Mercenary Magic Page 57

“You’re very good,” Kai told her. “But that won’t be enough. The Magic Games are dangerous. They’re meant to push you to the extent of your magic, so the judges can get a good idea of your abilities. Swords won’t be enough. And in most matches, they’re not even allowed. Look here.” He pointed at the page with her fight schedule. “They’re starting you out in the Tier Three Division, which means they’re pretty sure your magic is at least Substantial. My guess is they expect you to fight your way up the divisions from there.”

“Couldn’t Sera just pretend not to have magic?” Riley asked.

“No. The Magic Games are over two thousand years old. That’s two thousand years we’ve had to figure out exactly how to get into a mage’s head,” Kai said. “The current Game Architect is very good. He’s been running the Magic Games for over ten years and not once has he failed. He will throw every weapon in his extensive and exceptionally well-funded arsenal at you until he cracks open your magic. The stress of it…”

“You broke?” Sera asked in surprise.

“The stronger the mage, the harder he breaks. Of course I broke. We all broke. But then we pulled ourselves back together and were stronger for it. It helped that I had a coach to prepare me before the Games. Some of the mages didn’t even have that.”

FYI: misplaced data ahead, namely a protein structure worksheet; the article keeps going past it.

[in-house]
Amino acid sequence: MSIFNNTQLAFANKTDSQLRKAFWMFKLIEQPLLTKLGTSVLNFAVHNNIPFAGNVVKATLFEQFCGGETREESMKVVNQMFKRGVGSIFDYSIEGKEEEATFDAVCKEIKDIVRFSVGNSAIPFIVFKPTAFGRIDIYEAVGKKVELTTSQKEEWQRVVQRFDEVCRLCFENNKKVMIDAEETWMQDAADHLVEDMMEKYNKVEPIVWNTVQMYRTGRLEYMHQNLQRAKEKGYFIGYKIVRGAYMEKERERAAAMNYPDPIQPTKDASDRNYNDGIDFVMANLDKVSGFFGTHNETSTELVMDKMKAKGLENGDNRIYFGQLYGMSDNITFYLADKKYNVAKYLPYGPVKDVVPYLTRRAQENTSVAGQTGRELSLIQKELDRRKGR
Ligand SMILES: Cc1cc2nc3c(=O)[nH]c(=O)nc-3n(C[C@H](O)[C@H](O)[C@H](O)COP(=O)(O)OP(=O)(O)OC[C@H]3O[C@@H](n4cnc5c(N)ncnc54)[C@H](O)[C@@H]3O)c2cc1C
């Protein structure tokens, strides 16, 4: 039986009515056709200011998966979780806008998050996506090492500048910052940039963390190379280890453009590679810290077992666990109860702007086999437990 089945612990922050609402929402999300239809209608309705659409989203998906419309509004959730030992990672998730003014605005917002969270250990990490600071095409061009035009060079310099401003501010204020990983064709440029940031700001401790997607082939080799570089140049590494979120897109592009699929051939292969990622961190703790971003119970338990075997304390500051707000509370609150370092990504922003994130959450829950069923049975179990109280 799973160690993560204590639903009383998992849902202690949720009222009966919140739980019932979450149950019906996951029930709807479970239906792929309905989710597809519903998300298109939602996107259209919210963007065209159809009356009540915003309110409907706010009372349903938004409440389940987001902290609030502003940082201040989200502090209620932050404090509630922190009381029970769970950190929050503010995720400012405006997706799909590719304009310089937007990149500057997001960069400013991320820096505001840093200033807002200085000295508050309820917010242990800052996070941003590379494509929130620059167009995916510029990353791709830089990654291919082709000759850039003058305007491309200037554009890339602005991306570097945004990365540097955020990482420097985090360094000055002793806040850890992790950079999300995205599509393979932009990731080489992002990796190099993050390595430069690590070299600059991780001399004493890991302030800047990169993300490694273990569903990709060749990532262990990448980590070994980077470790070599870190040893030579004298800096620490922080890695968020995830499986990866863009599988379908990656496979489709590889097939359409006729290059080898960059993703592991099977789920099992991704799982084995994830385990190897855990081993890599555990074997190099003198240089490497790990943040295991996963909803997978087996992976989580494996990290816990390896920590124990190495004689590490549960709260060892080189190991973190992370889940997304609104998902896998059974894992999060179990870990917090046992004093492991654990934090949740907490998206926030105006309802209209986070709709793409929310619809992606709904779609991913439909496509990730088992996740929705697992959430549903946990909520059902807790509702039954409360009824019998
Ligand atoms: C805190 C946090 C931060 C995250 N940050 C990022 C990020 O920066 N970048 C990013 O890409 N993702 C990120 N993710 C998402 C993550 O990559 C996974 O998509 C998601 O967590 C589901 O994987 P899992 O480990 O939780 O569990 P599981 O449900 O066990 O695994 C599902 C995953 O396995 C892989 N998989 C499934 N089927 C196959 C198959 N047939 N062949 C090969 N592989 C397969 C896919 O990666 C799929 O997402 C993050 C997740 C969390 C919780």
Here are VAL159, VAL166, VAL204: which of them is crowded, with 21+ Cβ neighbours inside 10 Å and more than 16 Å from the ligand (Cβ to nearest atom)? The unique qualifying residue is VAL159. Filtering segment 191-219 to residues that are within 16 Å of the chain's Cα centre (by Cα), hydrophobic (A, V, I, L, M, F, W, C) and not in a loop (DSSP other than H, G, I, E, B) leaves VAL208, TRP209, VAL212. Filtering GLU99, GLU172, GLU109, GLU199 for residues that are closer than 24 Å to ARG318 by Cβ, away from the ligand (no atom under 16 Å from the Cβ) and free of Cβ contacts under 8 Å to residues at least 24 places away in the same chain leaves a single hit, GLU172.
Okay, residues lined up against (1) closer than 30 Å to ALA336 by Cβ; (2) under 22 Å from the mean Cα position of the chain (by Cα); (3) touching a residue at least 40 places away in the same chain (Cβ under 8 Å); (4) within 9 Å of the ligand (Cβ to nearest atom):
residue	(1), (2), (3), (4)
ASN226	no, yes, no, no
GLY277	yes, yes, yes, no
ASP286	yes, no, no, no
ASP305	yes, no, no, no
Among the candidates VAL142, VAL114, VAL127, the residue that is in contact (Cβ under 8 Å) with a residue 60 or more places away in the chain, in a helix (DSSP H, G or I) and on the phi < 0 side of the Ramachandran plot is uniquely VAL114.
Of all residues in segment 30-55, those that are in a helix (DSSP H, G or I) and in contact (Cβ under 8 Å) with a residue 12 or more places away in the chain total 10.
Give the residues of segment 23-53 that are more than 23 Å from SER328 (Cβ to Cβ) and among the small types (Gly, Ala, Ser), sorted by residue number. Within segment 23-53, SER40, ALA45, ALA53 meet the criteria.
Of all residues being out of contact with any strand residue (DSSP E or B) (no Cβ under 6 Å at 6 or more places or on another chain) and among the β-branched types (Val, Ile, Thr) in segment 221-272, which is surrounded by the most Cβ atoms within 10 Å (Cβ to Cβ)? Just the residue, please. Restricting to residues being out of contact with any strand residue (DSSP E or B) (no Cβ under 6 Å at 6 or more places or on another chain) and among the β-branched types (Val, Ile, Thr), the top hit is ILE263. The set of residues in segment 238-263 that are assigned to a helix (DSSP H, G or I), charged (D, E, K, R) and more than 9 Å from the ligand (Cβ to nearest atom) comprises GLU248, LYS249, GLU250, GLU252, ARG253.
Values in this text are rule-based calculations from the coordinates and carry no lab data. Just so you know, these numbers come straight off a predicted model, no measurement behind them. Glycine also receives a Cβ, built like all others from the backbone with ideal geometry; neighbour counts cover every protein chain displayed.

“Everyone who wasn’t born into the wealth of one of the prestigious dynasties, you mean,” she said.


Riley gave her shoulder a squeeze.

“I’ll be fine,” she reassured him—and herself.

“Yes, you will be,” said Kai. “Because I’m going to coach you.”

Riley’s hand dropped off her shoulder, and they both stared at him.

“Don’t you have better things to do than save my bacon?” she stammered.

“Shh, don’t try to talk him out of helping you,” Riley whispered.

“I don’t want his help.”

“But you do need it.”

She slouched down, drowning in the collapse of her own denial. “I know.”

“Is that a yes?” Kai asked her.


“Ok, then we’ll start tomorrow. The next Magic Games start in twenty-four days’ time. I’ll have only weeks to teach you magic other mages have had years to master. It won’t be easy. Or painless.”

“I understand. And I’m ready.”

“No, you’re not,” he told her. “But you’re strong. You’ll be all right.”

Sera rose into her knees and leaned in to kiss him on the cheek. “Thank you,” she whispered into his ear.

“I’ll expect a favor in return,” he whispered back.

“Such as?”

He pulled back, giving her a wide grin. “Oh, I’m sure I’ll think of something.”